Habitat. Wide variety of habitats but generally drier and open environments such as woodland savannas, Mediterranean shrubland, dry savanna, open grasslands, and some semi-desert and desert habitats from sea level to elevations of c. 2300 m. Although Geoffroy’s Horseshoe Bats prefer dry habitats, they are often found associated with water sources, dense vegetation where they can forage, and caves for roosting. In southern Africa, they are found largely in woodland savannas, some desert habitats, and montane grasslands (e.g. Drakensberg). Populations in West Africa are found largely in mountainous and hilly regions. In Malawi, they have been recorded in miombo forest and woodlands and thicket savannas. In Northern Africa, Geoffroy’s Horseshoe Bats are primarily restricted to mountain “islands” throughout the Sahara Desert and sub-desert and savanna habitats in north-eastern Africa. They occur primarily in arid Mediterranean shrubland in the Levant and arid shrubland, steppe, and savanna throughout Arabia and Socotra.

Food and Feeding. Geoffroy’s Horseshoe Bats are insectivorous. They forage by slow hawking, fly-catching, and probably gleaning prey offvegetation and the ground. Foraging occurs around vegetation under tree canopies. After prey is captured, they eat it while perching on branches or other vegetation. They feed primarily on moths and beetles throughout their distribution. Fecal samples from two bats in Zimbabwe included only beetles. Populations in South Africa fed primarily on Lepidoptera and Coleoptera and smaller amounts of Neuroptera, Hemiptera, and Diptera . In Algeria, 46 fecal pellets from five bats included Lepidoptera (mean 62-6% by volume), Coleoptera (29-4%), Hemiptera (2%), Hymenoptera (1-4%), and unknown arthropods (4-6%). Twenty-three fecal samples from two bats in Jordan mainly contained Lepidoptera, Coleoptera , and Diptera (especially Nematocera) and smaller amounts of Hymenoptera, Neuroptera, Trichoptera, and Hemiptera. Captive individuals have eaten mantises. In South Africa, Geoffroy’s Horseshoe Bat seemed to eat larger prey than the Cape Horseshoe Bat ( A capensis ) on average, but prey size of the two species did overlap. Wild Geoffroy’s Horseshoe Bats seem to depend on water sources for drinking; captive individuals drink regularly.

Breeding. Geoffroy’s Horseshoe Bat is seasonally monoestrous, at least in southern Africa ( Zimbabwe and South Africa). Copulation seems to occur in dry season in Zimbabwe (June-July) and autumn in South Africa (April). Females store sperm. Parturition begins in wet season (mid-November) in Zimbabwe and late winter (August) in South Africa. In South Africa, however, not all populations exhibit delayed implantation where females store sperm, and they will copulate in late winter. Gestation lasts 3-5 months, and lactation lasts c.2 months. Most females appear to reach reproductive maturity at c.18 months of age, but it can take as long as 42 months or more.

Activity patterns. Geoffroy’s Horseshoe Bats are nocturnal and forage throughout the night. During the day, they can enter torpor, and in Malawi, they became torpid at ambient temperatures of 21-24°C. Day roosts are usually in caves, rock crevices, and artificial underground structures such as abandoned mine shafts, catacombs, stone huts, and other rocky areas. They will roost in abandoned buildings and hollow baobabs { Adansonia , Malvaceae ). On Socotra, primary day roosts are located in limestone karst caves. Call shape is FM/ CF /FM; they are able to distinguish sex based on call (probably using FM components) and even individual identity (probably using resting frequency). Peak (CF) component has been recorded at 90-100 kHz or 80-85 kHz in various parts of South Africa, 91 -9 kHz in Swaziland, 79-84 kHz (usually 82-84 kHz) in Malawi, 79-8-81 kHz in Mozambique, 92-7 kHz in Algeria, 85-2 kHz in Israel, and 83-5-85 kHz in Jordan. Mean call duration is 32-9 milliseconds in Swaziland, 14-3 milliseconds in South Africa, 54-5 milliseconds in Israel, and 48 milliseconds in Jordan.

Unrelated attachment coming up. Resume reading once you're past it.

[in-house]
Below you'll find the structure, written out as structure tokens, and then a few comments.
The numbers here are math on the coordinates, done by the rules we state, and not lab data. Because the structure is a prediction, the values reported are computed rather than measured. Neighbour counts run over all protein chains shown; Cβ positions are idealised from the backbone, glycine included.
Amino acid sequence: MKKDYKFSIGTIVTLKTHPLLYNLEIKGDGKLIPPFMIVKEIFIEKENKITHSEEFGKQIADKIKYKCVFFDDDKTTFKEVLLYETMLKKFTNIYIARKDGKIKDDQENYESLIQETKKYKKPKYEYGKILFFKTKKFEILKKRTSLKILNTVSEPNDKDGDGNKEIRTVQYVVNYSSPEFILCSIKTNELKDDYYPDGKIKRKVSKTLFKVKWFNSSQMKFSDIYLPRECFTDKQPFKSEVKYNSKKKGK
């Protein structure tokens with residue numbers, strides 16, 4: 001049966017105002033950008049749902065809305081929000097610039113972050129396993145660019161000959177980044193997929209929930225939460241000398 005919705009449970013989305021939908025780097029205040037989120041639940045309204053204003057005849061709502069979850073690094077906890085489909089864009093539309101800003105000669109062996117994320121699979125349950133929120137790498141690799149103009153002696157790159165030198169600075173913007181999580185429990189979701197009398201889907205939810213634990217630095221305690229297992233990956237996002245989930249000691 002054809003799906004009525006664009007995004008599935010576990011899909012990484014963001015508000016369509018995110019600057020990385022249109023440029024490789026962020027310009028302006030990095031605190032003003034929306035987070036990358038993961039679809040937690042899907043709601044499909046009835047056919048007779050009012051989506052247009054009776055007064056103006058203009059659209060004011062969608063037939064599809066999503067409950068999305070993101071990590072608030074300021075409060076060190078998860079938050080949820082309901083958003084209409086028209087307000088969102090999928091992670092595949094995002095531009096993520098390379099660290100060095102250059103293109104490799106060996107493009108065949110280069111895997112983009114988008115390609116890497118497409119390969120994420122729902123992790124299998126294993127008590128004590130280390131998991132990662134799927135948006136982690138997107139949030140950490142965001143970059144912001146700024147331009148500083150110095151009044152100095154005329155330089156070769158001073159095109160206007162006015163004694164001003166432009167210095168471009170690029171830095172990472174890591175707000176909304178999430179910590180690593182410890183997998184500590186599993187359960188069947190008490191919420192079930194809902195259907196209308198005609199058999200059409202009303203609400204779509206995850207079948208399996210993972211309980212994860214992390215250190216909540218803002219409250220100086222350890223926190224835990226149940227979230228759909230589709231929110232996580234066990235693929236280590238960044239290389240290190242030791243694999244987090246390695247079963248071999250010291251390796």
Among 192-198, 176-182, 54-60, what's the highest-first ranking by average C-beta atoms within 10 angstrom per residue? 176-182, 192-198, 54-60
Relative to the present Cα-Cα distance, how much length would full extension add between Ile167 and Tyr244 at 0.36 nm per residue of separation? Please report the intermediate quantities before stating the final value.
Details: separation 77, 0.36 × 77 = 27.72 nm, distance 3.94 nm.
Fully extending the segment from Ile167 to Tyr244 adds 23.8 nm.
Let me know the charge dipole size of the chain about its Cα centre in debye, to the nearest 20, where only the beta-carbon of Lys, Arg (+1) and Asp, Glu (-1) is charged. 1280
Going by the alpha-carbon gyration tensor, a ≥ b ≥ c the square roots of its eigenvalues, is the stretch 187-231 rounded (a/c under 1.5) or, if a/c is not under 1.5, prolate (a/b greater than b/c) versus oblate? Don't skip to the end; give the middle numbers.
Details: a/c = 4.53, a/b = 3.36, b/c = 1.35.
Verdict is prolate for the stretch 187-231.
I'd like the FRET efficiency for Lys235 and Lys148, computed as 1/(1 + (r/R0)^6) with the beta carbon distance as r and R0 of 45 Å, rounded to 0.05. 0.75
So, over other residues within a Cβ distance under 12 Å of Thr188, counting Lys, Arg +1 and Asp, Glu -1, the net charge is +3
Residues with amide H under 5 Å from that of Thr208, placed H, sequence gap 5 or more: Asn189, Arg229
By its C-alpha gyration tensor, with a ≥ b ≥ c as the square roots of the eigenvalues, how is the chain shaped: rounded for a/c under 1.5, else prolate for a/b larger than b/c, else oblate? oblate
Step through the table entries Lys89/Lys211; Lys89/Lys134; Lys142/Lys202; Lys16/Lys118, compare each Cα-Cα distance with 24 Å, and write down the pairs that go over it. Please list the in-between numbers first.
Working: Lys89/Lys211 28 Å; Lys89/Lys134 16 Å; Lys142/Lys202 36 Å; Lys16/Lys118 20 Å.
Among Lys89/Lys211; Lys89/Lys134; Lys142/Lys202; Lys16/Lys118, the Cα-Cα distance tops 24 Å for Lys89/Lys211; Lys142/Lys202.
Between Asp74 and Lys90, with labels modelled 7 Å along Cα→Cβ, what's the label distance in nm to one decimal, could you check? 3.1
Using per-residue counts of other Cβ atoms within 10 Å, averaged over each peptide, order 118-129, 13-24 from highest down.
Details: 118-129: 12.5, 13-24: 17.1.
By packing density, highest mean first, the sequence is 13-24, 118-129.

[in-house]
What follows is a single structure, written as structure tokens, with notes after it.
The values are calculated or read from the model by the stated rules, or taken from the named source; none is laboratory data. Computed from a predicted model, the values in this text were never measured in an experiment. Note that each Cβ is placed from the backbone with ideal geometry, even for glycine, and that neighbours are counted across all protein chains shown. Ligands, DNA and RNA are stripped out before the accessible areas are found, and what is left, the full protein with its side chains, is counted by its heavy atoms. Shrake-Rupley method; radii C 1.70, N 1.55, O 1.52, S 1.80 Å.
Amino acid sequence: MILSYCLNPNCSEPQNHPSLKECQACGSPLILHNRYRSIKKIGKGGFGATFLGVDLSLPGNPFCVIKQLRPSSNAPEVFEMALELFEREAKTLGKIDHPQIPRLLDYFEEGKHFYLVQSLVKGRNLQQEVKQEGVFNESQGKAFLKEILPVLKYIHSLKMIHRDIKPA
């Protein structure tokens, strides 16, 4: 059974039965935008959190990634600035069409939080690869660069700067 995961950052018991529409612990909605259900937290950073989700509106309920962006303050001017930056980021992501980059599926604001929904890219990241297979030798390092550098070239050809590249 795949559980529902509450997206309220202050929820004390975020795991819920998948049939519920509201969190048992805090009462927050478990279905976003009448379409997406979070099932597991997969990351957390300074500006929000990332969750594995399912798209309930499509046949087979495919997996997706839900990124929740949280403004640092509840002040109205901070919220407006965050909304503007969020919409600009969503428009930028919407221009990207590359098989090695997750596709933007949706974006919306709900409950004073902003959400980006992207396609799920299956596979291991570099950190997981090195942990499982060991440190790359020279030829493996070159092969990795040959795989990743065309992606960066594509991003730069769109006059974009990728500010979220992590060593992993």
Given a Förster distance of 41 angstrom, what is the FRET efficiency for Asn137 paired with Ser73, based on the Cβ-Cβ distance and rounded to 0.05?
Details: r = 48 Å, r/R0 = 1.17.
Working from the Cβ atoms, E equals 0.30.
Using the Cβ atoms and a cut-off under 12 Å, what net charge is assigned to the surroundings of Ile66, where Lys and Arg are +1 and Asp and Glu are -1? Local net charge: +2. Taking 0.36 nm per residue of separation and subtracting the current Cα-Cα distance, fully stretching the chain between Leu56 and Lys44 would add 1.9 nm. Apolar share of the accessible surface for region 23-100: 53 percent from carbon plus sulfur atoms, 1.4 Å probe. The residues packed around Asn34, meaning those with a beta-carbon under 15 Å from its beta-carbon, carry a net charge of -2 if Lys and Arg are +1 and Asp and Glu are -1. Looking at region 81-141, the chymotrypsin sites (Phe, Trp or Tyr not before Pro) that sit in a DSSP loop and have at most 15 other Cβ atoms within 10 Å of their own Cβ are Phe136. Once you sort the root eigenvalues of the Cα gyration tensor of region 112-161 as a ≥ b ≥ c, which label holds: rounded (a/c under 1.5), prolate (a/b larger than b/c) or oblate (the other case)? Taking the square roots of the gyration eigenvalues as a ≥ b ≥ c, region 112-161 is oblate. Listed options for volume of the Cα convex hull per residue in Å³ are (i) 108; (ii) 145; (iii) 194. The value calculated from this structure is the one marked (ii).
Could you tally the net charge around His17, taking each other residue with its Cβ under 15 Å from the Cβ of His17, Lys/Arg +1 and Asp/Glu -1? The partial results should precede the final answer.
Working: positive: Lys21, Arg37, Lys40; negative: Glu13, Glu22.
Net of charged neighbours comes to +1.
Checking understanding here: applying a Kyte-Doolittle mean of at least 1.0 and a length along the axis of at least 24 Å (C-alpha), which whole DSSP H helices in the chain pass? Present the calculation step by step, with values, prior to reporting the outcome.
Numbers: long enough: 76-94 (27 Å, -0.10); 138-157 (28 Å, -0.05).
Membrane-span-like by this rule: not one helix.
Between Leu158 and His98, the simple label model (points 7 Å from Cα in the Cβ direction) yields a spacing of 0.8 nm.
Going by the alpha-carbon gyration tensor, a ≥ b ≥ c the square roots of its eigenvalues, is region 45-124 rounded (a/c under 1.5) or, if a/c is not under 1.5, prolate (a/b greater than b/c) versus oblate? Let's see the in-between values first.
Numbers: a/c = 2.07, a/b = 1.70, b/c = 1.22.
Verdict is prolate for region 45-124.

Movements, Home range and Social organization. Geoffroy’s Horseshoe Bat roosts singly or in groups of up to 50 individuals in most cases, although colonies of up to 10,000 individuals have been recorded in Malawi and southern Africa. Roosting bats generally hang in small clusters not touching each another; many small clusters are formed in large colonies.

Status and Conservation. Classified as Least Concern on The IUCNRed List. Geoffroy’s Horseshoe Bat is relatively common throughout much of its distribution, although it might be declining in Palearctic parts of its distribution. There are no overarching threats, but some populations might be locally threatened by habitat destruction and roost disturbance. Geoffroy’s Horseshoe Bat might be locally threatened by indirect poisoning from insecticides, pesticides, and similar chemicals. It is protected inJordan by national legislation.

Bibliography. ACR (2018), Benda & Vallo (2012), Benda, Dietz eta /. (2008), Benda, Lucan eta/. (2010), Benda, Nasher eta/. (2017), Benda, Spitzenberger eta/. (2014), Bernard (1983), Bernard & Happold (2013a), Csorba et al. (2003), Dulie & Mutere (1974), enton et al. (1977), Finger et al. (2017), Hackett et al. (2017), Jacobs, Barclay et al. (2007), Jacobs, Catto et al. (2017), Linden et al. (2014), Monadjem, Reside & Lumsden (2007), Monadjem, Schoeman et al. (2010), Monadjem, Shapiro et al. (2017), Monadjem, Taylor, Jacobs, Kock et al. (2017), Nader (1982), Rautenbach eta/. (1993), Richards eta/. (2016), Schoeman & Jacobs (2003), Stoffberg et al. (2012), Taylor (1999, 2000), Taylor, Sowler et al. (2013), Wessels & van der Merwe (1997), Whitaker et al. (1994), Wingate (1986).














Rhinolophus clivosus

Burgin, Connor 2019

Rhinolophus clivosus

Cretzschmar 1826